The Australian Financial Complaint Authority (AFCA) has released a new tool that allows consumers to view the number and type of complaints made against any particular financial institution, service or representative.
The tool, named Datacube, was designed for consumers to see if their insurer, bank, financial adviser, superannuation fund or other financial firm has received and responded to consumer complaints.
Users can search by financial firm (i.e. institution name), primary business or service (i.e. mortgage broker, financial adviser), business size, or product group provided (i.e. housing finance, business finance).
The Datacube contains AFCA’s data between 1 November 2018 and 30 June 2019, and will reportedly be updated every six months.
In total, AFCA received 44,988 complaints from consumers, which were initially passed on directly to the financial institution concerned.
A large number were resolved without further interference from the complaints body.
Of those that remained unresolved, 24,665 were accepted and progressed by AFCA for further actions.
Overall, the banking and finance sector accounted for 57.3 per cent of all grievances accepted and progressed by AFCA, with 14,129 complaints.
Of the total complaints actioned against the sector, 20.5 per cent were made in regard to consumer loans (including personal loans and lines of credit) while 20.3 per cent concerned housing finance, and 14.7 per cent related to business finance.
Credit cards received the most complaints, making up 24.5 per cent of the accelerated complaints for the sector.
In the reporting period, there were 2,933 complaints accelerated by AFCA regarding housing finance, 2,091 complaints about business finance and 2,965 complaints for consumer loans (largely comprising of personal loans).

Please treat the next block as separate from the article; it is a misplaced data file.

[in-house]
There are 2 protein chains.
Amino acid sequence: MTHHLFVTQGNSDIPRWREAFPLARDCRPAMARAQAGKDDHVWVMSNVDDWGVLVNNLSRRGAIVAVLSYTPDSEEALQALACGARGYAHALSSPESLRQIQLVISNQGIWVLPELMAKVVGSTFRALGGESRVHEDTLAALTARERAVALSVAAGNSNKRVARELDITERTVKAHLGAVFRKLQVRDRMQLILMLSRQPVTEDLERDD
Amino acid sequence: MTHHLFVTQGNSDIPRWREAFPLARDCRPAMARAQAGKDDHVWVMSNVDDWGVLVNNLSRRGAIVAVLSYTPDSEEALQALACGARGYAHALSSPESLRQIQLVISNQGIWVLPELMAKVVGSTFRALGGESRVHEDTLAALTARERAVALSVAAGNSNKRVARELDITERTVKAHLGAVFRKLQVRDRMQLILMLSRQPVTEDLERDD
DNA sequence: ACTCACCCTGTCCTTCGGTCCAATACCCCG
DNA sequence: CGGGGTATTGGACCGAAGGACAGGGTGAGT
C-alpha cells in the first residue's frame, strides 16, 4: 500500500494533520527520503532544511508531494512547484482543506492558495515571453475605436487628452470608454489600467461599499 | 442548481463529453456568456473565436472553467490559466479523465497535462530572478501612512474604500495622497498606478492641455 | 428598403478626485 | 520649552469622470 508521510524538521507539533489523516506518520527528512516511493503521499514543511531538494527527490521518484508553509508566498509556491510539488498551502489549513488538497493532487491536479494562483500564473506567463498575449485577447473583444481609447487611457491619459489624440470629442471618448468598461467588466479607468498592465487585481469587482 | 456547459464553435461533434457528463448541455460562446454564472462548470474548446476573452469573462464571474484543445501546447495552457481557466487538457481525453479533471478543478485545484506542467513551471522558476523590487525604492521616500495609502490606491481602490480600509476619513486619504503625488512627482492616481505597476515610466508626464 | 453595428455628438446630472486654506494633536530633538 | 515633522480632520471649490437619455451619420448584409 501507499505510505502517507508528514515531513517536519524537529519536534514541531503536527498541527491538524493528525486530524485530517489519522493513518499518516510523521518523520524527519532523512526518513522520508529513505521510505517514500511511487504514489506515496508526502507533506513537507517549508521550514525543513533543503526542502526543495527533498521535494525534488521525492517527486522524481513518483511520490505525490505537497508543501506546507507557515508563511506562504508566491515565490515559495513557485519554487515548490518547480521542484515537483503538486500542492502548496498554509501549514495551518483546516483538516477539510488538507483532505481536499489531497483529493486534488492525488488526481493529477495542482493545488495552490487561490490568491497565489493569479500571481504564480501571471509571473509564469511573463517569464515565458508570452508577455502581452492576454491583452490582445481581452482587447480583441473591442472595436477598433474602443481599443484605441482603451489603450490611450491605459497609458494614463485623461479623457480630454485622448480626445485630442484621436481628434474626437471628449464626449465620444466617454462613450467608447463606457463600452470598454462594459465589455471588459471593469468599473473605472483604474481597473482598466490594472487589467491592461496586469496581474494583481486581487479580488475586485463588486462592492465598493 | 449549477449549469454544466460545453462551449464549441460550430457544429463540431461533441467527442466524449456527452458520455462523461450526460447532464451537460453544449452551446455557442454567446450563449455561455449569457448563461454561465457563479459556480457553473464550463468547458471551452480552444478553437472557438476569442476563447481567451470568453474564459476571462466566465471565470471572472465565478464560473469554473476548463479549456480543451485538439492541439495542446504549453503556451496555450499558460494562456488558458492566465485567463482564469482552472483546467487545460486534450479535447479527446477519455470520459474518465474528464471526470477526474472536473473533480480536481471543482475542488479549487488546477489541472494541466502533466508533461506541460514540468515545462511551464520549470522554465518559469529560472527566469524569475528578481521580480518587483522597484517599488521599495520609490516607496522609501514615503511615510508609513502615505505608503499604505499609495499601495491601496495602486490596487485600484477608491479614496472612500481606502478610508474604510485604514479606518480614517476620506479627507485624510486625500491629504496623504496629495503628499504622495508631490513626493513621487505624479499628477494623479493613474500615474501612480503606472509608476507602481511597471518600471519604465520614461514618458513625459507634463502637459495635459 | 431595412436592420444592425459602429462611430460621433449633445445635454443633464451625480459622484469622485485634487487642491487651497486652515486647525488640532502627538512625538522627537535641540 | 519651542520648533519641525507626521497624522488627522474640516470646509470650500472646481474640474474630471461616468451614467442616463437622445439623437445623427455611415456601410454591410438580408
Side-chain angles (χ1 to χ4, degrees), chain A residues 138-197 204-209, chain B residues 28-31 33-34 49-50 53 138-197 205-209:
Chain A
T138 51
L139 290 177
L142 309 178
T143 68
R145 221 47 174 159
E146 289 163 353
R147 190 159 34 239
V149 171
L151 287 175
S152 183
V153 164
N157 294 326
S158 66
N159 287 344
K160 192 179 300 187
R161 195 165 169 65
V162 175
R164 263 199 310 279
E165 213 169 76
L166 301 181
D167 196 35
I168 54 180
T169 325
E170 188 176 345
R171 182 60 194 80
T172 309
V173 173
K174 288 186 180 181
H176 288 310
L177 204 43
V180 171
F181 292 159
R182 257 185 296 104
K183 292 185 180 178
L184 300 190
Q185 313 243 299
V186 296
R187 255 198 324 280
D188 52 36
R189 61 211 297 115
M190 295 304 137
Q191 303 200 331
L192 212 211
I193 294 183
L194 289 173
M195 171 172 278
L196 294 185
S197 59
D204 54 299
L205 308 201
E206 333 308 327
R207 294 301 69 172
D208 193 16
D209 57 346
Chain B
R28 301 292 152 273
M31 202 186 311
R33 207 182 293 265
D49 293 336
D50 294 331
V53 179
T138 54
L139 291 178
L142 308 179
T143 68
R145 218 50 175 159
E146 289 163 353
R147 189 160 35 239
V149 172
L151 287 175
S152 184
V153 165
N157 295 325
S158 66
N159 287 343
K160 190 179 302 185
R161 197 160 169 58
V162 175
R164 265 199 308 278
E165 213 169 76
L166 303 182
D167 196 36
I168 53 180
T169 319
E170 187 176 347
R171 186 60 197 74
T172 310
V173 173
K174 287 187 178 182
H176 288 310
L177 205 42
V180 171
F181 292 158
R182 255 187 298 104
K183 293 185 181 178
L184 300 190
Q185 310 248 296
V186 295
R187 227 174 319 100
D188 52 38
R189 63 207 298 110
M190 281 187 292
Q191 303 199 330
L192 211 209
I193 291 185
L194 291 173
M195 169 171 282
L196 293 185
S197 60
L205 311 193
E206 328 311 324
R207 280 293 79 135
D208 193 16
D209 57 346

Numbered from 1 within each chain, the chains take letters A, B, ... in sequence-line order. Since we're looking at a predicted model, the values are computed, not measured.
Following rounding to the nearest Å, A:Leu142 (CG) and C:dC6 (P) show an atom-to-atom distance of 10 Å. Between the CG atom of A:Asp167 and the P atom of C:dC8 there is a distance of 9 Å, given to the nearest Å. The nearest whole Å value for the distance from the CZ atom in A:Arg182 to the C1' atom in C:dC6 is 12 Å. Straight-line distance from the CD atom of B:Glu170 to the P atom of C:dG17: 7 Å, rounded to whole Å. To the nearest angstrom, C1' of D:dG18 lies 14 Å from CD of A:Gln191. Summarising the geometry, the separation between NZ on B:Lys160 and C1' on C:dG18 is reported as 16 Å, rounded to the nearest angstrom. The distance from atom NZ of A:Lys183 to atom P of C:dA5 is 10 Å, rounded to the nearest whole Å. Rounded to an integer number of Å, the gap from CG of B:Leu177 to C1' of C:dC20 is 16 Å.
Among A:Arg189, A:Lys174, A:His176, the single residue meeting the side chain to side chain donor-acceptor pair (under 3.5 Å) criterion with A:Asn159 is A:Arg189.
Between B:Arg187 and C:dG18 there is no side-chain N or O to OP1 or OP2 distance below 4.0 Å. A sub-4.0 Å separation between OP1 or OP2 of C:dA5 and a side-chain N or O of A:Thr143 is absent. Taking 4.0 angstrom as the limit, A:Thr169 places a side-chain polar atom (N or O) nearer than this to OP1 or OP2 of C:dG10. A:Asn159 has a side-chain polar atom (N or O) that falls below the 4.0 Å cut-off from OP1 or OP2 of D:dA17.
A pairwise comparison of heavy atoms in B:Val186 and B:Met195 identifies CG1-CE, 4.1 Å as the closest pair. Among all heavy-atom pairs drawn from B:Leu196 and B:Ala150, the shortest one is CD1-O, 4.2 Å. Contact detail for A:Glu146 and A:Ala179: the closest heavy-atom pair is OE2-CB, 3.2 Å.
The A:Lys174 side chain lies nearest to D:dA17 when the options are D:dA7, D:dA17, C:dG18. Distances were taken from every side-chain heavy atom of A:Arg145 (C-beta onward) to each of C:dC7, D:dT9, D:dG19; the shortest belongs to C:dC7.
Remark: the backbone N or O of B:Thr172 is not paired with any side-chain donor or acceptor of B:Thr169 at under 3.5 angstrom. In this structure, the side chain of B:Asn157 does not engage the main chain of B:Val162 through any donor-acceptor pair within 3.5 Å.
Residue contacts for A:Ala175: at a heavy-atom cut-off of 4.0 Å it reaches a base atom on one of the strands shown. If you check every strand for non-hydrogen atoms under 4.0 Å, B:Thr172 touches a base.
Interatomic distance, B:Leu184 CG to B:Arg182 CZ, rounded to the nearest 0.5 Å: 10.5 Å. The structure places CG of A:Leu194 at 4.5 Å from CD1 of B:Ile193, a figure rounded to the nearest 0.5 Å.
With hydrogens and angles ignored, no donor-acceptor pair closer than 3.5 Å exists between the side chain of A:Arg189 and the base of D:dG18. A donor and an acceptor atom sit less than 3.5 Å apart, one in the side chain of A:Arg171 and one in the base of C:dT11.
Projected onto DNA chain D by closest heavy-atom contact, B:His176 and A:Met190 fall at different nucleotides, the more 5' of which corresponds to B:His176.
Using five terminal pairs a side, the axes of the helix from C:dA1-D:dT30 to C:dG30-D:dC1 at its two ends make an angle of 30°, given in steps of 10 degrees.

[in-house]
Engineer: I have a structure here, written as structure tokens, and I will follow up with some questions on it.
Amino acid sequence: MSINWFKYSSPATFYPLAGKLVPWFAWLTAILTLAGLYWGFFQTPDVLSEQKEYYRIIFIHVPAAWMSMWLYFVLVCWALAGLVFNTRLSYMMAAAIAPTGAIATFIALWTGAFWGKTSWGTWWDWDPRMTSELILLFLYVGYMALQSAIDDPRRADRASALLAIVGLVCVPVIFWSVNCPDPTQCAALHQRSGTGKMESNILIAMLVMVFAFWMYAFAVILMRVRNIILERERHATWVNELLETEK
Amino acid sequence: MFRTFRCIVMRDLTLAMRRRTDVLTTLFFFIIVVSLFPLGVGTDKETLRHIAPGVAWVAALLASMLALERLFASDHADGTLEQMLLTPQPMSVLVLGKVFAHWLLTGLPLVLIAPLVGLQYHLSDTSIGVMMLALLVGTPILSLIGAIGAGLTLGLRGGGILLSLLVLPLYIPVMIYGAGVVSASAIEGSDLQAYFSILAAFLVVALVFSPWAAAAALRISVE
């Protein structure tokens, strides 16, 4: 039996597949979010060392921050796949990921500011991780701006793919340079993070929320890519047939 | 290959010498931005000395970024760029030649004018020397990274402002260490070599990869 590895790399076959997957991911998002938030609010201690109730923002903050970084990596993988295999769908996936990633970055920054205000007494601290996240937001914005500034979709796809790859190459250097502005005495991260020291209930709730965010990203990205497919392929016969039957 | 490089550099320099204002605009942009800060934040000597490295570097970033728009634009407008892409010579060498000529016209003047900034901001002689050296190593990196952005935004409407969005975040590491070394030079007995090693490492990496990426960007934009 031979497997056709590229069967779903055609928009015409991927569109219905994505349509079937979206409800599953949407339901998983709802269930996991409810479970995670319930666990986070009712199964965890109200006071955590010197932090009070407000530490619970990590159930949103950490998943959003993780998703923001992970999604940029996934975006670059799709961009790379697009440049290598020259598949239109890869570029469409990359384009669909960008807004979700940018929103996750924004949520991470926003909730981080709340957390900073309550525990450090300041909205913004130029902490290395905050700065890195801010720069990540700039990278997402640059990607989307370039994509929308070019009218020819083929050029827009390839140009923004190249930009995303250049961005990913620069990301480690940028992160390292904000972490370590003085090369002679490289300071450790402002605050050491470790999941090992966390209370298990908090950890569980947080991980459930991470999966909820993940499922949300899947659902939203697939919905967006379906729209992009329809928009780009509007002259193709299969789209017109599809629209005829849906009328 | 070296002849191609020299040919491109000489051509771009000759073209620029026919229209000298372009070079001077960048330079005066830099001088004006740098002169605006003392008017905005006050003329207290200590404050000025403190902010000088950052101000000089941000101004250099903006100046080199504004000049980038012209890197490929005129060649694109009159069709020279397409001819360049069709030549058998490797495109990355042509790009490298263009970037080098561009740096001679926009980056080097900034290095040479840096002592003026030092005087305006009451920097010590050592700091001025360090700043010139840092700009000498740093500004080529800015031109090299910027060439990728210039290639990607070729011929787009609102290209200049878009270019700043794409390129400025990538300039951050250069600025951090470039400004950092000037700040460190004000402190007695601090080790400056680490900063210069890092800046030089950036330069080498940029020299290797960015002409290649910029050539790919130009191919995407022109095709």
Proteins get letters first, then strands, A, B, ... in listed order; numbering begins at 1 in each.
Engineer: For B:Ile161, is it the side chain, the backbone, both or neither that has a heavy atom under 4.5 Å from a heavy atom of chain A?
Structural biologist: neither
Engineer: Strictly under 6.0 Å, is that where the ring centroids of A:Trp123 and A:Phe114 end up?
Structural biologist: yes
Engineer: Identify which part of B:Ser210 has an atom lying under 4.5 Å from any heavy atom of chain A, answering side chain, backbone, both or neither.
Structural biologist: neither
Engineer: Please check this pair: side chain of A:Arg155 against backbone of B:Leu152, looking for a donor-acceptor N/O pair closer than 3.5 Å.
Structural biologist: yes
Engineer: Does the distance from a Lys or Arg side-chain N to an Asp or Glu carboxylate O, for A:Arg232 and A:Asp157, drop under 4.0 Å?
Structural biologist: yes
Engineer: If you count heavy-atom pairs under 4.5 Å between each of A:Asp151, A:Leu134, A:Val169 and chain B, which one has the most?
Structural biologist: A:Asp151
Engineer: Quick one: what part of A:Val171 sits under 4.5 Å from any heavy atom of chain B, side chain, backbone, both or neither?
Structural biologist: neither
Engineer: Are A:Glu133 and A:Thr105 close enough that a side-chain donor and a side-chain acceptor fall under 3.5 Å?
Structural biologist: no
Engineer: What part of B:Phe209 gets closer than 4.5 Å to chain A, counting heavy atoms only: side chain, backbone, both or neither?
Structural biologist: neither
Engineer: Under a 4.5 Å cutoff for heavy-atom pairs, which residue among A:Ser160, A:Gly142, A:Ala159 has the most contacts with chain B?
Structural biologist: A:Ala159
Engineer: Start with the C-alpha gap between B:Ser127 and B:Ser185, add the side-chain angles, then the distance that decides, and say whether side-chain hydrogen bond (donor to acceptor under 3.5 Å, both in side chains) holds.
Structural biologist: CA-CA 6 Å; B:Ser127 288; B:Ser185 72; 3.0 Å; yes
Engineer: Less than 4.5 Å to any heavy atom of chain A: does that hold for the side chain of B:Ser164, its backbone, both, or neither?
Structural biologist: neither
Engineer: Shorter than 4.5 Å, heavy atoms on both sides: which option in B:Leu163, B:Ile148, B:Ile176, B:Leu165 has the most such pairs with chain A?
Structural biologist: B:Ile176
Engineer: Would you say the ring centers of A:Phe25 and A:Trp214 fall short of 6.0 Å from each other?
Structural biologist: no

Complaints about lending products therefore made up 54.8 per cent of the total accelerated complaints filed against the banking and finance sector.
Banks face brunt of consumer dissatisfaction
Banks, by far, faced the majority of consumer scrutiny.
Banks (excluding mutuals, credit unions and non-bank lenders) received 16,214 initial complaints, making up 36.0 per cent of total complaints to the body during the reporting period.
Of these, 7,939 were accelerated and actioned by AFCA, meaning banks made up 56.2 per cent of all banking and finance complaints.
For the progressed complaints against the banks, 29.1 per cent related to housing finance, 10.9 per cent were about consumer loans, and 8.5 per cent involved business finance.
The biggest factors that caused consumers to complain about banks included bank accounts (26.7 per cent) and credit cards (24.6 per cent).
Grievances around lending made up 50.0 per cent of all complaints filed against banks, and banks accounted for 51.3 per cent of all lending complaints.
When including banks, mutual banks and credit unions, these lenders account for 84.9 per cent of all complaints filed in the banking and finance sector.
Further, these combined lenders make up 48.6 per cent of all complaints accelerated by AFCA.
Broker complaints a drop in the ocean
In comparison, with 53 complaints in the eight-month reporting window, mortgage brokers made up just 0.1 per cent of total AFCA complaints filed in the data period, and 0.23 per cent of the banking and finance complaints that were accepted and progressed.
Of the 33 complaints that progressed through to the second stage of AFCA’s resolution process, 71.4 per cent were in relation to securing housing finance, and 14.3 per cent related to business loans.
Other complaints involved personal loans (8.6 per cent), credit cards (2.9 per cent) and bank accounts (2.9 per cent).
Of the 7,740 complaints regarding lending products accelerated by AFCA, mortgage brokers were the cause in just 33, or 0.4 per cent of cases.
Additionally, when combining data with finance brokers, who also provided lending advice, complaints totalled 91 in the eight-month reporting period, just 0.37 per cent of all banking complaints that were progressed by AFCA.
Of these 91 complaints, 77 were directly related to lending products, showing that mortgage and finance brokers were related to 1.0 per cent of total grievances over lending products.
Hannah Dowling is a cadet journalist for mortgage business, the leading source of news, opinion and strategy for professionals working in the mortgage industry.
Prior to joining the team at Mortgage Business, Hannah worked as a content producer for a podcast catering to property investors. She also spent 6 years working in the real estate sector at a local agency.
Hannah graduated from Macquarie University with a Bachelor of Media and Journalism.